Letitia "Tish" Chafin: Transparency would restore public confidence
Public confidence in the judicial independence of the Supreme Court of Appeals of West Virginia came into question in 2008 when email messages sent from a then-sitting Supreme Court justice to a litigant were not disclosed under our state's Freedom of Information Act. The Associated Press had requested that the Supreme Court's administrative staff disclose all written and electronic communications between the sitting justice and Donald L. Blankenship, who was then the president of A.T. Massey Coal Co. The request sought documents reflecting communications that occurred during the period where Massey's appeal of Hugh Caperton's $50 million verdict was pending before the Supreme Court of Appeals. The court's administrative office refused, and in a 2009 decision, the Supreme Court upheld the refusal to disclose the written communications. The litigation of this case resulted in the court spending over $50,000 of taxpayer money on private lawyers to keep these communications secret.
As a candidate for the Supreme Court of Appeals of West Virginia in the upcoming Nov. 6 general election, I believe that the court should act to create a rule that would require disclosure of all written and electronic communications between a party (or an officer of a corporate party) with a pending case and any judicial officer assigned to that case. My Transparent Court Initiative is based on the belief that public confidence in our courts requires them to be open, fair and independent. I believe the public has a right to know if a litigant and a judge or justice are communicating while a case is pending. Courts cannot be perceived as open or transparent when litigants and judges correspond in secret while cases are pending. Adoption of my Transparent Court Initiative will help restore an open, impartial West Virginia court system, where citizens and business interests will know that their cases are heard fairly and equitably.
The adoption of my initiative has a number of advantages. First, expensive litigation over what is or is not a public record can be avoided. Second, a formal rule will discourage litigants from attempting to engage in secret improper communications. Third, these disclosures will help assure that conflicts of interest are adequately addressed. Finally, and most importantly, the citizens of this state can be assured that cases are argued by parties before the justices in public where all sides have a fair chance to address the arguments of the opposition.
As a past member of the American Bar Association's House of Delegates and a former president of the West Virginia State Bar, I believe transparency is paramount to securing public confidence in the judiciary. I have had a number of conversations with business leaders, consumers and workers throughout the state. In addition, during my year of service as State Bar President, I traveled to all 55 county courthouses and met with judges, prosecutors, magistrates and members of each local bar. And over the past year as part of this campaign, I have traveled throughout the state and talked with thousands of people from all walks of life. From these conversations, I am convinced that perceptions created when the judiciary is not seen as open, fair, and independent destroy the public confidence that is necessary for an effective judiciary. Business leaders tell us that these misperceptions that our courts are not fair makes it harder to attract new jobs to the state.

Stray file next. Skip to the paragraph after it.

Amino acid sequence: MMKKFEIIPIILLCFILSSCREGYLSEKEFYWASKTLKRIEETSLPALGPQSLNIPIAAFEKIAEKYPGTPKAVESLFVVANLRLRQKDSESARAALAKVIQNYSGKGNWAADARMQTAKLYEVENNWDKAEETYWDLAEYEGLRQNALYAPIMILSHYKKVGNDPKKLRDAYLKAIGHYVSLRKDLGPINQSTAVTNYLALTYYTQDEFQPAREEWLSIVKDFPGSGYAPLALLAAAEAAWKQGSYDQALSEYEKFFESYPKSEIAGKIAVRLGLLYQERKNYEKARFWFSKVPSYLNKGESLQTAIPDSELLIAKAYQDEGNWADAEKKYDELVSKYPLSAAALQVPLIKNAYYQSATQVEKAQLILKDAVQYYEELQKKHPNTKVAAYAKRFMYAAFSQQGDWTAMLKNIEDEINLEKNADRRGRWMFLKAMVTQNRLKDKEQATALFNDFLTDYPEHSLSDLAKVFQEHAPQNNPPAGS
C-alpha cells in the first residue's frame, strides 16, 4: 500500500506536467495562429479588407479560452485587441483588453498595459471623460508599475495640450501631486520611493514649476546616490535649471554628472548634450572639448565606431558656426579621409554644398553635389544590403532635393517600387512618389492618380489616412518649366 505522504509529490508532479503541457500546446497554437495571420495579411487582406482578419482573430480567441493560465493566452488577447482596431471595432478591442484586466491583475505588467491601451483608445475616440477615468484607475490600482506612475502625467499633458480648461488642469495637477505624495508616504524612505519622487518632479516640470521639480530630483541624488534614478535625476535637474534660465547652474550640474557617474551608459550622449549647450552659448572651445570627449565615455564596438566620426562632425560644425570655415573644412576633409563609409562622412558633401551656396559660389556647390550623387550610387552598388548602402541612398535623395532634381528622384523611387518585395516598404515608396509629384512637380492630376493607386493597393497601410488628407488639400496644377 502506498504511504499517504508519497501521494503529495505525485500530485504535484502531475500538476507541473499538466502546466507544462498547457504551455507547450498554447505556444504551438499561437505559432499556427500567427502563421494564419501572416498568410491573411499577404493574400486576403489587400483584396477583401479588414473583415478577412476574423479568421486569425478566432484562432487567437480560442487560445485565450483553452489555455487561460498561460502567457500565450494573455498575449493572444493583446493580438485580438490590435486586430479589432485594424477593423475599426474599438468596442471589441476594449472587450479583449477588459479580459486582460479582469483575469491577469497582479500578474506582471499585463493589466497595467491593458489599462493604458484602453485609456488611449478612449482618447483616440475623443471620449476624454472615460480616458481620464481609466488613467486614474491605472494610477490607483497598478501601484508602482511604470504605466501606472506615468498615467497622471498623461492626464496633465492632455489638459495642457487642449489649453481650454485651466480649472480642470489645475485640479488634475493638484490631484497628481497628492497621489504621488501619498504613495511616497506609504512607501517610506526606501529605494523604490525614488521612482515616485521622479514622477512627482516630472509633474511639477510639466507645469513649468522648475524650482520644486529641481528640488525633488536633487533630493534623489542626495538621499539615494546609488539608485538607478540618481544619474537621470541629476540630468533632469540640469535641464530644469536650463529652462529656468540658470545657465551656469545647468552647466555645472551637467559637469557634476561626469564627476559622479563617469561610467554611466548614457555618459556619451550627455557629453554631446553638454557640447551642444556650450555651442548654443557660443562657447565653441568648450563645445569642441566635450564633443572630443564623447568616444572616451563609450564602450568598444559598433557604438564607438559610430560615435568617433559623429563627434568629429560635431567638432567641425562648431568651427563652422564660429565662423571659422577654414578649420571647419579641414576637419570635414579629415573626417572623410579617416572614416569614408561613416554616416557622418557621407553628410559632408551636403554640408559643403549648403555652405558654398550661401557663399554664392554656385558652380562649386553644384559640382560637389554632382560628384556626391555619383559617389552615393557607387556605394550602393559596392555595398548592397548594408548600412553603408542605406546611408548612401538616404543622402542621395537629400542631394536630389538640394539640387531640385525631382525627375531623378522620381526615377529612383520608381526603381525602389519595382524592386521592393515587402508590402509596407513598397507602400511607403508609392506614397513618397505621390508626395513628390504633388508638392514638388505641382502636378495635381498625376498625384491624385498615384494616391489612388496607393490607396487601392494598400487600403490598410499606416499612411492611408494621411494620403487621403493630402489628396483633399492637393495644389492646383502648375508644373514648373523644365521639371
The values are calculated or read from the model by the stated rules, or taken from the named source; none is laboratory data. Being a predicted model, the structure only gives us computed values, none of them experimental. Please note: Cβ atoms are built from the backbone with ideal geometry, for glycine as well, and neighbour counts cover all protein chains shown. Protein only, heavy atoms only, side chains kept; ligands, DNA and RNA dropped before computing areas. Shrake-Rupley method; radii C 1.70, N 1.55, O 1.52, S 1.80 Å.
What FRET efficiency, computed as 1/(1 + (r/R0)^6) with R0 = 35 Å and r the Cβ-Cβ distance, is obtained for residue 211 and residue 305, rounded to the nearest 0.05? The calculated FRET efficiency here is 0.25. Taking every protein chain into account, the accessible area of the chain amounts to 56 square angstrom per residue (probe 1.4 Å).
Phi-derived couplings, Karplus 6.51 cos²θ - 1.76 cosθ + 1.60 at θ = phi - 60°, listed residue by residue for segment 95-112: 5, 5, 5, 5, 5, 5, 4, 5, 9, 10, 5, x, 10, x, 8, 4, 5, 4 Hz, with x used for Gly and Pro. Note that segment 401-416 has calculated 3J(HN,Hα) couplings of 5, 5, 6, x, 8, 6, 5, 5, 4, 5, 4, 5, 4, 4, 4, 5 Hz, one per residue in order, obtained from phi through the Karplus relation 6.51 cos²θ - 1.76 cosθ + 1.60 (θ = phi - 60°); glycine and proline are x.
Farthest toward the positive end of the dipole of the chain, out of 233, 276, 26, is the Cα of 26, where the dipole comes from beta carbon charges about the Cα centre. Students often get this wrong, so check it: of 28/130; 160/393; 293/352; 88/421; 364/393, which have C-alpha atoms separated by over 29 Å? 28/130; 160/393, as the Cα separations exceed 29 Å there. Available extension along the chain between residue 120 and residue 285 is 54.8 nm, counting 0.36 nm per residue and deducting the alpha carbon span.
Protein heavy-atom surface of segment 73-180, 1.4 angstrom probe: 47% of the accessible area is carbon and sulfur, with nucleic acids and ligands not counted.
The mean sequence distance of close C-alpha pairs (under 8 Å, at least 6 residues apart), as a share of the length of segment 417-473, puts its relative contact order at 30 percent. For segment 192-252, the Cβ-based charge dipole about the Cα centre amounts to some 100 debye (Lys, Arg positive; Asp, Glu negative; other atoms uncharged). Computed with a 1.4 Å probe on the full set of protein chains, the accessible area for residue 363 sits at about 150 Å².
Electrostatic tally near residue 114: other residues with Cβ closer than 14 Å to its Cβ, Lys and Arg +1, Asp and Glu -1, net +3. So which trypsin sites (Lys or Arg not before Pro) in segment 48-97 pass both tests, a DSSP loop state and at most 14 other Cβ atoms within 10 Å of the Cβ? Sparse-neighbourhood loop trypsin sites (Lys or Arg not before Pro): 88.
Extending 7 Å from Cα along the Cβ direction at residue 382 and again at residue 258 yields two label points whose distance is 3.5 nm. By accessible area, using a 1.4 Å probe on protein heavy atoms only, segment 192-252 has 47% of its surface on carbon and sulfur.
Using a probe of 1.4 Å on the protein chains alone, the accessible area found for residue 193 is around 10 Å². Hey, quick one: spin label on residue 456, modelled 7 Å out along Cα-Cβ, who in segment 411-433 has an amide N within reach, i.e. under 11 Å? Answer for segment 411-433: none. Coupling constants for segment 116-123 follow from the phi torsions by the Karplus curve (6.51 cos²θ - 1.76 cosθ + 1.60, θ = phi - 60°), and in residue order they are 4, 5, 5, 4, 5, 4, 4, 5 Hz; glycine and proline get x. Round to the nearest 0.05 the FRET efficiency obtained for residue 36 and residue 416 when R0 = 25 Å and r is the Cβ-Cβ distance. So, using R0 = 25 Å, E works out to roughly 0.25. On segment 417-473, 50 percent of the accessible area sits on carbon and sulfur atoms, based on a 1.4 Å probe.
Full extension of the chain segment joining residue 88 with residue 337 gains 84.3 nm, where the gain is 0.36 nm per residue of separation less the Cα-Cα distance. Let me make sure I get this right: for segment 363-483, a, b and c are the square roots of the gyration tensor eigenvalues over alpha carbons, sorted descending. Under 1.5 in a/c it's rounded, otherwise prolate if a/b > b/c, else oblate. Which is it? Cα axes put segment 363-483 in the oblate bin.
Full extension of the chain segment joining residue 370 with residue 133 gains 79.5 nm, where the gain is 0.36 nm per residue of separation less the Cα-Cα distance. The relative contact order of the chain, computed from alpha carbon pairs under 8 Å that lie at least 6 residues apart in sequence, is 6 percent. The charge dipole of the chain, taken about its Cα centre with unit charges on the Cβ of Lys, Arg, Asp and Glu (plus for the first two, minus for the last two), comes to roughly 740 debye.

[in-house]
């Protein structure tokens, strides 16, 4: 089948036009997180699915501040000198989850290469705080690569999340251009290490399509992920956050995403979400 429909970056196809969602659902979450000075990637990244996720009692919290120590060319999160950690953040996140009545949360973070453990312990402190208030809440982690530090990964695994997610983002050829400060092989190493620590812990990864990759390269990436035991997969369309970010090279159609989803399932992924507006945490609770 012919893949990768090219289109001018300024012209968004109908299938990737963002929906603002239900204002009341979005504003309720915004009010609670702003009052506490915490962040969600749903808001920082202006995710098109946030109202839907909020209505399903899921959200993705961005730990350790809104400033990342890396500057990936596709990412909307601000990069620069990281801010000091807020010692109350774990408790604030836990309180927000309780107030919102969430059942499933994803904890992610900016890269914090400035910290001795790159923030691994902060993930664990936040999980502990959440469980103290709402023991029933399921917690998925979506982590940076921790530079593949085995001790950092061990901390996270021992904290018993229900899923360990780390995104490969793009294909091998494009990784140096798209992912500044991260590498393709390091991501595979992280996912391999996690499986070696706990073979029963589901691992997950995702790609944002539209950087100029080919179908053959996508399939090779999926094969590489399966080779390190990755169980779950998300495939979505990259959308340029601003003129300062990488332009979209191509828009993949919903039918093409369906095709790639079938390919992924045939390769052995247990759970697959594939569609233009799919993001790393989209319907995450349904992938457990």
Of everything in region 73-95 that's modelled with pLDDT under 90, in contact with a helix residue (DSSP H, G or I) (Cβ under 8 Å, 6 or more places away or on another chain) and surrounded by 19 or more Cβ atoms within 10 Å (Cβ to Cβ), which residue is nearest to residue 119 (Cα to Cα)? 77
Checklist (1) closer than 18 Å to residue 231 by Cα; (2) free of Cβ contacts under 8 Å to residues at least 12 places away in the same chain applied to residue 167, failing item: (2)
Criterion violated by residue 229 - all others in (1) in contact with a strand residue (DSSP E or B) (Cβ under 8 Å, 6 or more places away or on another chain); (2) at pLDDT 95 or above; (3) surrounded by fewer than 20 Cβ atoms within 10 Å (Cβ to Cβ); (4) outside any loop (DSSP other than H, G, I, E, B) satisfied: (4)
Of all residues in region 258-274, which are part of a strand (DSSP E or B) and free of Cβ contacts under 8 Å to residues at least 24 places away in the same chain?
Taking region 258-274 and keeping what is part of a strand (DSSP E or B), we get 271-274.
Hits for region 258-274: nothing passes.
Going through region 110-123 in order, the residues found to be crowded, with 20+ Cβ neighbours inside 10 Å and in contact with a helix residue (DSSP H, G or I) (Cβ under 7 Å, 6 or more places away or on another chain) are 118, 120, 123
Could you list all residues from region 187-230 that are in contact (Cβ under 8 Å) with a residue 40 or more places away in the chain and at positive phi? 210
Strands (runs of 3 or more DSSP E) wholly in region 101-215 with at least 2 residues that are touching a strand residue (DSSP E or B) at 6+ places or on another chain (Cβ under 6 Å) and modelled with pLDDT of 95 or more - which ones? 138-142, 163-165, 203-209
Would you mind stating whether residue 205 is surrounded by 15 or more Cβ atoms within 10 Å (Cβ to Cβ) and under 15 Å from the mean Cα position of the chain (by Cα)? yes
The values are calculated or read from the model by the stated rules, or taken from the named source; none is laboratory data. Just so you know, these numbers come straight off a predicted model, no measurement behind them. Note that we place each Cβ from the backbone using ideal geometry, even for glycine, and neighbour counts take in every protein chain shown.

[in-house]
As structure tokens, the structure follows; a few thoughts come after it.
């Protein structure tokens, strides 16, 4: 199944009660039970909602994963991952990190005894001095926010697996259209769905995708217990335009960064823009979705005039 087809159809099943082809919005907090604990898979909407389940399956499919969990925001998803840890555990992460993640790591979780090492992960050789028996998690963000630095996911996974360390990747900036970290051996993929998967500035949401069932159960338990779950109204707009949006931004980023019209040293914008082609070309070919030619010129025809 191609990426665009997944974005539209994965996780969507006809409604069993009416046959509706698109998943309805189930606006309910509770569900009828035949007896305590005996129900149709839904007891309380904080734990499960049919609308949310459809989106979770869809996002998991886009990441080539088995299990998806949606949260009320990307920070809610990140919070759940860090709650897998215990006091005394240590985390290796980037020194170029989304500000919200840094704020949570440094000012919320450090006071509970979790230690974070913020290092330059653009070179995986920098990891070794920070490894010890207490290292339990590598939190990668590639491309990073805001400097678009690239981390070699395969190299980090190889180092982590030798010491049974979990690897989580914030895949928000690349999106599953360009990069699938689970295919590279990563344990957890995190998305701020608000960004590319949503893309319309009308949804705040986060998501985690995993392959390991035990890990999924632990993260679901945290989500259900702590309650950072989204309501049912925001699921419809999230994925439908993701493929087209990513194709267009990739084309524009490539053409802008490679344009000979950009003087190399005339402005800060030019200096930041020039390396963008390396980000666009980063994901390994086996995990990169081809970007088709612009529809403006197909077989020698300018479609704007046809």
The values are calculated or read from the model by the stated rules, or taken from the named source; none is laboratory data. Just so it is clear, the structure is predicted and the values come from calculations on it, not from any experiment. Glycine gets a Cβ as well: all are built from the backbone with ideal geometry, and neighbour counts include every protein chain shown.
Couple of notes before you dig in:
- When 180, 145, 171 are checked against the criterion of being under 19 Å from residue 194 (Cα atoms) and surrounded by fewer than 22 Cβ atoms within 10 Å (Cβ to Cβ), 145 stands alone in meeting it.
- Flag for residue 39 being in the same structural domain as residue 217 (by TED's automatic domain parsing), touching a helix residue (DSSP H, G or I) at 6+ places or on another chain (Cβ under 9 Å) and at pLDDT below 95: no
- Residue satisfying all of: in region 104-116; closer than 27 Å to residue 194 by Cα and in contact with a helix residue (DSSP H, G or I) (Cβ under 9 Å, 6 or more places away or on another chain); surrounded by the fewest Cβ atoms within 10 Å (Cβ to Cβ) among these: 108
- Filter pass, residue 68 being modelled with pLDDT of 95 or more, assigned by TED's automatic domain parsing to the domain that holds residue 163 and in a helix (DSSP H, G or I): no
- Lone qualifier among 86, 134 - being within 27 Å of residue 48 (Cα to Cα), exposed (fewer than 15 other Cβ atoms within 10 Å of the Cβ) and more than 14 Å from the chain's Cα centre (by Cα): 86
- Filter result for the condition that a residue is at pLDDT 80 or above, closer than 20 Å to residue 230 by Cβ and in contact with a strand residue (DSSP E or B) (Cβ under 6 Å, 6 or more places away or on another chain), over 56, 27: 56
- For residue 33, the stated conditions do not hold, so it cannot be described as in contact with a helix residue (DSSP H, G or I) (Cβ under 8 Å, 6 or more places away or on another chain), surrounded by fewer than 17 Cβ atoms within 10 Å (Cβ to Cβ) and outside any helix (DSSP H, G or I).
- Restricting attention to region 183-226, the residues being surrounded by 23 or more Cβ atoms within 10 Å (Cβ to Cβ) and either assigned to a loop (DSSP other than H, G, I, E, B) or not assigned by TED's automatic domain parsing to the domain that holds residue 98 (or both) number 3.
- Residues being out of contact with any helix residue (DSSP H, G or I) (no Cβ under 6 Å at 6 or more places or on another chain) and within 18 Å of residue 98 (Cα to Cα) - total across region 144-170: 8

Judicial candidates are generally not permitted to make promises on how they will rule on issues in cases that are likely to come before the court. So instead, most judicial candidates campaign by promising to be fair and impartial. I believe that voters deserve more when they decide who will serve as a justice on our state's highest court for a 12-year term.
Judicial candidates can propose reforms of rules that govern the administration of justice. Like my Balanced Court Initiative, which seeks to reform the Supreme Court's recusal rules, I proposed my Transparent Court Initiative because I believe that these initiatives provide concrete evidence of how I would implement my promise to the voters to be fair and impartial.
To read my Transparent Court Initiative and Balanced Court Initiative, go to www.chafin2012.com.
Letitia "Tish" Chafin, of Charleston, is a Democratic candidate for the West Virginia Supreme Court of Appeals.
The Herald-Dispatch welcomes your comments on this article, but please be civil. Avoid profanity, obscenity, personal attacks, accusations of criminal activity, name-calling or insults to the other posters. Herald-dispatch.com does not control or monitor comments as they are posted, but if you find a comment offensive or uncivil, hover your mouse over the comment and click the X that appears in the upper right of the comment. If you do not want your comment to post to your personal Facebook page, uncheck the box below the comment.